The Lagarde List is a spreadsheet containing roughly 2,000 potential tax evaders with undeclared accounts at Swiss HSBC bank’s Geneva branch. It is named after former French finance Minister Christine Lagarde, who in October 2010 passed it on to Greek officials to help them crack down on tax evasion.
In 2006 and 2007 a computer technician, Hervé Falciani, allegedly stole bank’s data, containing the names of customers from several EU countries, and attempted to sell them to several governments.
In January 2009 the police raided the French home of Falciani and found computer files on 130,000 potential tax evaders (24,000 from across Europe) and began investigating them. The French government then passed the information on to selected European governments such as the United Kingdom to help them crack down on tax evasion.
Delivery to Greek authorities
In the early summer of 2010, the French intelligence service DGSE informed the (then) head of Greece’s National Intelligence Agency that many of those named in the Falciani dossier were Greek. and that French authorities were prepared to deliver a list containing names of wealthy Greek depositors in Swiss banks to help the Greek government to crack down on tax evaders. The head of Greek intelligence then briefed former Finance Minister for the George Papandreou government, Giorgos Papakonstantinou, who accepted this information in a meeting with then French finance minister Christine Lagarde, on the condition that it remain discreet
In October 2010, Lagarde sent a list of 1,991 names to Papakonstantinou through diplomatic channels in the form of an unlabelled CD containing spreadsheets for the roughly 2,000 accounts now known in Greece as the “Lagarde list”.
Papakonstantinou later told a parliamentary inquiry that he “handed all the files to the new head of the tax police” – the Greece’s Financial and Economic Crime Unit (SDOE) – “and asked him to proceed with a full investigation”. However, the tax authorities chose not to proceed and Papakonstantinou left office in mid-2011, and the CD went missing.
Papakonstantinou’s successor, Evangelos Venizelos, produced a copy on a memory stick and began a limited investigation as to whether any of those listed had evaded taxes. The investigation only looked at around ten politicians and no legal action was taken. It was only when then new Finance Minister Yannis Stournaras asked Paris for another copy, that Venizelos supposedly forgot the USB stick in private office. Comparison of the list newly delivered from Paris with the one supplied by Venizelos from the Greek ministry of finance revealed that in the latter one three names were missing, all relatives of Papakonstantinou. This led to Papakonstantinous’ expulsion from the PASOK political party. In 2015, Papakonstantinou received a suspended misdemeanour conviction for the tampering. Yet he has consistently denied all charges.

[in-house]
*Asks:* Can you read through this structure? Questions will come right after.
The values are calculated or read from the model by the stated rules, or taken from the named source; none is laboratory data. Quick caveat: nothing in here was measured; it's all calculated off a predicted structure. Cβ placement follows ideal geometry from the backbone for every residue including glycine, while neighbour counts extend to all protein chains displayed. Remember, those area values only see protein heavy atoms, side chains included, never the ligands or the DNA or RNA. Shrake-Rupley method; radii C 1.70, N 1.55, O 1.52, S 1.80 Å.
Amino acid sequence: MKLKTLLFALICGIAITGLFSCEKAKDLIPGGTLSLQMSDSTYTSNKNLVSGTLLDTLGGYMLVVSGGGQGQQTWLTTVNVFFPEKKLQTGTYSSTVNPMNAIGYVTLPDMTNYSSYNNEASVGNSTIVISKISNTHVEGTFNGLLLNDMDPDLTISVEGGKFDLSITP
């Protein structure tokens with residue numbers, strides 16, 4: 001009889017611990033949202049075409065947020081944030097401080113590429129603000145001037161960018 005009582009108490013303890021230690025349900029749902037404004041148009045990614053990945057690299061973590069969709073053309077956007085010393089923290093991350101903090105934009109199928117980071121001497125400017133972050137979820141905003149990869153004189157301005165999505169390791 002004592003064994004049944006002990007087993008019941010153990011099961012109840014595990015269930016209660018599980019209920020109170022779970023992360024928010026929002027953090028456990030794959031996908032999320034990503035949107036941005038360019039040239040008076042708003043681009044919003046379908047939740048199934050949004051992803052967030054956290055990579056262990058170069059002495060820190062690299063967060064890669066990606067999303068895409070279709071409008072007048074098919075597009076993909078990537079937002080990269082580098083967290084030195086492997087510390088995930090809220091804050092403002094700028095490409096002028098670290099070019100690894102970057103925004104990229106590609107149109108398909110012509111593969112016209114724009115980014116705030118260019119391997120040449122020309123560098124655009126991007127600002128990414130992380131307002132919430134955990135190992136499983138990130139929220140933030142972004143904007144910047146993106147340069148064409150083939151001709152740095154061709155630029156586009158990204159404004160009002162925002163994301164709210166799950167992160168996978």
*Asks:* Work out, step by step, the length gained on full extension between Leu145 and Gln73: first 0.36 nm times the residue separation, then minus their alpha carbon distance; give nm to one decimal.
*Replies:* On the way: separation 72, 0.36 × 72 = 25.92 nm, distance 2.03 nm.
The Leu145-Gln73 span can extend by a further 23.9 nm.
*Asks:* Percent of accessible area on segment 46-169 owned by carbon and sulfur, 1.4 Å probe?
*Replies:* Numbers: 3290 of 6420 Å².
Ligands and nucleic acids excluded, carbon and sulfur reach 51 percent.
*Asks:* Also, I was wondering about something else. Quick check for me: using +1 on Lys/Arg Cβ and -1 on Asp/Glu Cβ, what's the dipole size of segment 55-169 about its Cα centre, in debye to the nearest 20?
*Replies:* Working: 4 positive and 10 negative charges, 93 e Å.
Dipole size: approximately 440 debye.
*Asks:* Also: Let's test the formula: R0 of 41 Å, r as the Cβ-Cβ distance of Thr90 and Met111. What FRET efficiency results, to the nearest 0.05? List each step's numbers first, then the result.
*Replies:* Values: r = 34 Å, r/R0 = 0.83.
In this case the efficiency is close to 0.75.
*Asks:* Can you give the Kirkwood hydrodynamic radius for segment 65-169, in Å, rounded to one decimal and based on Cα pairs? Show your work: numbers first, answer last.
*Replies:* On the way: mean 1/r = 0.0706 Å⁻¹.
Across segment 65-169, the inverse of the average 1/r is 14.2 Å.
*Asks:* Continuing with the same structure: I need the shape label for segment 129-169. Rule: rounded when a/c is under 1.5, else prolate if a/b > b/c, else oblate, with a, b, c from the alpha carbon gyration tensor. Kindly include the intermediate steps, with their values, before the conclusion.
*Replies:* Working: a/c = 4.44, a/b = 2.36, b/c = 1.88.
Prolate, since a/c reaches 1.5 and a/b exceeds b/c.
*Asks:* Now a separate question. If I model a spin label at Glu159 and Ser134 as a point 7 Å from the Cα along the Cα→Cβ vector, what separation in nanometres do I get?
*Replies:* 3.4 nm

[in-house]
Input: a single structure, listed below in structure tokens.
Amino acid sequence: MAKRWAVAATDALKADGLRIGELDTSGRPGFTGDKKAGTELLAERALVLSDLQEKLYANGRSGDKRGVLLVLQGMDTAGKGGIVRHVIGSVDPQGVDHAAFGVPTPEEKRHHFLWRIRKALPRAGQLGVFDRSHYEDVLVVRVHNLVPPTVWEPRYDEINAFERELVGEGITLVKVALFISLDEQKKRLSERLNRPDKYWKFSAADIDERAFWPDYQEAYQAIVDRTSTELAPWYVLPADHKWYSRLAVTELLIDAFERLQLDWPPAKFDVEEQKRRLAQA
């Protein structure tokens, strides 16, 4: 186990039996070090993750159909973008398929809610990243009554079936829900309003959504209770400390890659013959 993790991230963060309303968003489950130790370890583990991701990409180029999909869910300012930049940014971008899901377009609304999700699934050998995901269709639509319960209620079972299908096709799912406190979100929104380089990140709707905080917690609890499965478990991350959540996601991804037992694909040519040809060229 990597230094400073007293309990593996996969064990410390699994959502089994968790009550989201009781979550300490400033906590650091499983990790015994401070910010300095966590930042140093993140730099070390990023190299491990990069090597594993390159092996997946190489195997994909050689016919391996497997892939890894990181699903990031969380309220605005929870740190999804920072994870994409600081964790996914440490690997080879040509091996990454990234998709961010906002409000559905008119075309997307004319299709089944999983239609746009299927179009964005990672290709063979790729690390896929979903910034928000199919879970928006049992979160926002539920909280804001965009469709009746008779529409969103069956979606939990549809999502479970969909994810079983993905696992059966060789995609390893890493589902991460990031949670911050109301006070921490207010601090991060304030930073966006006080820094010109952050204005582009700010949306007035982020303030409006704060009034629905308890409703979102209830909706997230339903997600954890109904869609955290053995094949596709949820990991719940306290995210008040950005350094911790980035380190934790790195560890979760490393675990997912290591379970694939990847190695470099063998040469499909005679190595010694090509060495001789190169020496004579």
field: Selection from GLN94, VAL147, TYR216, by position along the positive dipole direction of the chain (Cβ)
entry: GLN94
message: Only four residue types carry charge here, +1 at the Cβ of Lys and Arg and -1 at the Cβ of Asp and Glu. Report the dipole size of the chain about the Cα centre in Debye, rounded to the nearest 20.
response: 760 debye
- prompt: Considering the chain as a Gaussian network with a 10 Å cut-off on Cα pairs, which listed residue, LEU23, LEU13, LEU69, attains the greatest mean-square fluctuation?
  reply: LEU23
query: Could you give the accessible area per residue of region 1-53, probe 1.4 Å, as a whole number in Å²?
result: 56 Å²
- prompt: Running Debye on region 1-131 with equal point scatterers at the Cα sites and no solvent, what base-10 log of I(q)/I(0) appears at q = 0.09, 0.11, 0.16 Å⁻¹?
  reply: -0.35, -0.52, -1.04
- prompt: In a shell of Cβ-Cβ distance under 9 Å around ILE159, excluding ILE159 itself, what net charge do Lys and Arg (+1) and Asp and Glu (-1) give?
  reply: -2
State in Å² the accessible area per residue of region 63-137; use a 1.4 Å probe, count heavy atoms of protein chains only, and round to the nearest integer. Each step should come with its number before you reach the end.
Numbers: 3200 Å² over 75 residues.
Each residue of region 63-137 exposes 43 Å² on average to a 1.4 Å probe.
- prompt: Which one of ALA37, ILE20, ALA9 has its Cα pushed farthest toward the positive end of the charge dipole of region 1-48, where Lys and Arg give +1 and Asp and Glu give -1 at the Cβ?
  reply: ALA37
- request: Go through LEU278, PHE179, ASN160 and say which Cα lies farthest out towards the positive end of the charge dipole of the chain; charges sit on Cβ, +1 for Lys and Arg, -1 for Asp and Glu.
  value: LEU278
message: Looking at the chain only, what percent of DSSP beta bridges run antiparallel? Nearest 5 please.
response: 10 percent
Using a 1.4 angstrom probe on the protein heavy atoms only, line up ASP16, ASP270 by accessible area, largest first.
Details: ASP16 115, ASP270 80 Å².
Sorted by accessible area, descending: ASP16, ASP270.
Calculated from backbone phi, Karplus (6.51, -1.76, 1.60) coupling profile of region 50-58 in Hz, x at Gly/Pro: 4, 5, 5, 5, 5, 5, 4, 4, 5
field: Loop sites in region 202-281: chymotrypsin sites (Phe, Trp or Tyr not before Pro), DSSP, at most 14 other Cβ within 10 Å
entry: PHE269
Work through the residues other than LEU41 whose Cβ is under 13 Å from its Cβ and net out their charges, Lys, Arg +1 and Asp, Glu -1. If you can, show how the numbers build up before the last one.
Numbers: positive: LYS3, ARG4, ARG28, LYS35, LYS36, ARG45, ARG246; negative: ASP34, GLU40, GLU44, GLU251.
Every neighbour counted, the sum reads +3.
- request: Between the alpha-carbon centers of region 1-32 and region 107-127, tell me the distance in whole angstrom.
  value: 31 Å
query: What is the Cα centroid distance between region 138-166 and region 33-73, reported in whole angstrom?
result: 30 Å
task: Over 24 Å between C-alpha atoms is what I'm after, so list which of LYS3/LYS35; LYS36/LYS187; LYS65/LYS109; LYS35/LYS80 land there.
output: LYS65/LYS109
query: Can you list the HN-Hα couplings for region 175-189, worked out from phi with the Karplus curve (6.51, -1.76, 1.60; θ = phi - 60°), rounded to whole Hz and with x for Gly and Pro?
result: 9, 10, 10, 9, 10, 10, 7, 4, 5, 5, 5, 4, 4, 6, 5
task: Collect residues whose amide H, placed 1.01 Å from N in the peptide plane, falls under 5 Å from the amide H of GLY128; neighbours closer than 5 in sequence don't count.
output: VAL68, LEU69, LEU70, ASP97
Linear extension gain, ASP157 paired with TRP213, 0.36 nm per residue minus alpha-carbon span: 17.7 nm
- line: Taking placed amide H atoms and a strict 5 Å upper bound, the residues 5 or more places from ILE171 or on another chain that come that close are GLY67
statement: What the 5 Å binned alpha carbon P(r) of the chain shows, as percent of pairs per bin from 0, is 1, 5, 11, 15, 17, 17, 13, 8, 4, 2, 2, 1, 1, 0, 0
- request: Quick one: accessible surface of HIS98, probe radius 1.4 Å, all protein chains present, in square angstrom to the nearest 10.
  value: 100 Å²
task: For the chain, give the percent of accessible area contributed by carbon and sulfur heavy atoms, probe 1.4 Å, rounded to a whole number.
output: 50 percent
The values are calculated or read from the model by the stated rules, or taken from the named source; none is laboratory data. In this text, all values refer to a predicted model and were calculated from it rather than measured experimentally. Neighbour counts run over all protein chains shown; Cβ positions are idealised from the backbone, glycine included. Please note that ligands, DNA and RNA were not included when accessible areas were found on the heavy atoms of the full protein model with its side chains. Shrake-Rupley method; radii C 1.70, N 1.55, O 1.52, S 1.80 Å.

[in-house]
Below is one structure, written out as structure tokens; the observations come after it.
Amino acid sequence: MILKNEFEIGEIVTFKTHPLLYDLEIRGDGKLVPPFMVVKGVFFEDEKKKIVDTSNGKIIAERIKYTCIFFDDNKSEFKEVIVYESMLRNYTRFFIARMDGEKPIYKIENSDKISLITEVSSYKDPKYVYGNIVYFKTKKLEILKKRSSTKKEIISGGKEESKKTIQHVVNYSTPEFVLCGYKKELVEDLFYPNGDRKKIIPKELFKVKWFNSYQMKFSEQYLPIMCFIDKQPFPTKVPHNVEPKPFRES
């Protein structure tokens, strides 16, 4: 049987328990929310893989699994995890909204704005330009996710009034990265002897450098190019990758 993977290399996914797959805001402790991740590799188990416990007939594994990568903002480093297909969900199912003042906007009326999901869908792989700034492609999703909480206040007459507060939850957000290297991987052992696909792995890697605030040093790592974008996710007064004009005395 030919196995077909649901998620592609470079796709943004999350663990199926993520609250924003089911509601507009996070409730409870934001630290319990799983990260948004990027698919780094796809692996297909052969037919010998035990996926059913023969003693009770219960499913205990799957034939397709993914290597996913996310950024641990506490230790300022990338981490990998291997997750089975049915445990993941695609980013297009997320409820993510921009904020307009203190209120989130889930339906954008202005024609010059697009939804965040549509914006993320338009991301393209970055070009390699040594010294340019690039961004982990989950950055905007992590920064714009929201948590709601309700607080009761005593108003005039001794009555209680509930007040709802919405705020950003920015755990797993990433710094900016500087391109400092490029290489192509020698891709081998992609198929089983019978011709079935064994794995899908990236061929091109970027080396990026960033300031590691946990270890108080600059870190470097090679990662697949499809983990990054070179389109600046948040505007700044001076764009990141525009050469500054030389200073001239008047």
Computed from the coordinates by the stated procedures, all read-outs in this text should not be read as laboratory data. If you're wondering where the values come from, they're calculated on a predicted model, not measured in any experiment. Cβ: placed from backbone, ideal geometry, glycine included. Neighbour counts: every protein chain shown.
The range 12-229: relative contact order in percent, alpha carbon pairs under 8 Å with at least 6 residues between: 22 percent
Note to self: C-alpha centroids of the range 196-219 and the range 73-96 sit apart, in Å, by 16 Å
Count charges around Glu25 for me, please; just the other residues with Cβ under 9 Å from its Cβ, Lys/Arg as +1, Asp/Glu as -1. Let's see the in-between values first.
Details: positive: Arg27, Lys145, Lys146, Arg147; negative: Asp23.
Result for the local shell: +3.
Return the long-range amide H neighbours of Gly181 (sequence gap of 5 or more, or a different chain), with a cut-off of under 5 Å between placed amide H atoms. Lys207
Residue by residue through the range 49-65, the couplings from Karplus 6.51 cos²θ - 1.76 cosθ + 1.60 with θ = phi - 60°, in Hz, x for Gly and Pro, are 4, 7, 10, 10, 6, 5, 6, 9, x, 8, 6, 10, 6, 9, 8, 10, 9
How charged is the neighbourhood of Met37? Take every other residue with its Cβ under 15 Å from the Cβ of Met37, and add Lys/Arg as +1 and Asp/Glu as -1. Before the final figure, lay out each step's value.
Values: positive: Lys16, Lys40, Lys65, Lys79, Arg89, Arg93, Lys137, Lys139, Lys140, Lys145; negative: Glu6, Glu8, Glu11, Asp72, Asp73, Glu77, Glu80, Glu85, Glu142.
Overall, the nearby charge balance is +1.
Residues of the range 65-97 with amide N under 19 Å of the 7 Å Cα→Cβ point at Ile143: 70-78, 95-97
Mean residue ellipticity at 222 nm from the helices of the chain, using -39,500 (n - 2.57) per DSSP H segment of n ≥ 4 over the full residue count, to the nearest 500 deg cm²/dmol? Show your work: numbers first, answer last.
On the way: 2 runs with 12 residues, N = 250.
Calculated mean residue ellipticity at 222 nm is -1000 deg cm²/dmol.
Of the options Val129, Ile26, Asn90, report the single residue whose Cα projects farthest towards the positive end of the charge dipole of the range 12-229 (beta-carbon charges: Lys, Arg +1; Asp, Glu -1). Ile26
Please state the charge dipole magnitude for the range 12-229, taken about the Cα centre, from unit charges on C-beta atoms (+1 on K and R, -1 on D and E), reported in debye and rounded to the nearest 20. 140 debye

On 28 October 2012, Greek reporter and editor Kostas Vaxevanis claimed to be in possession of the list and published 2,056 names from it in his magazine Hot Doc. The next day he was arrested for breaching privacy laws, a crime with a possible sentence of up to two years in prison. Three days later, Vaxevanis was tried and found not guilty.
Τhe way public services manage the issue of the list remains unclear, until today. Many of the names on the list have been cleared of charges with the Greek people not having a clear picture of the issue until today and a world known scandal like that being left on the labyrinth of the Greek bureaucracy.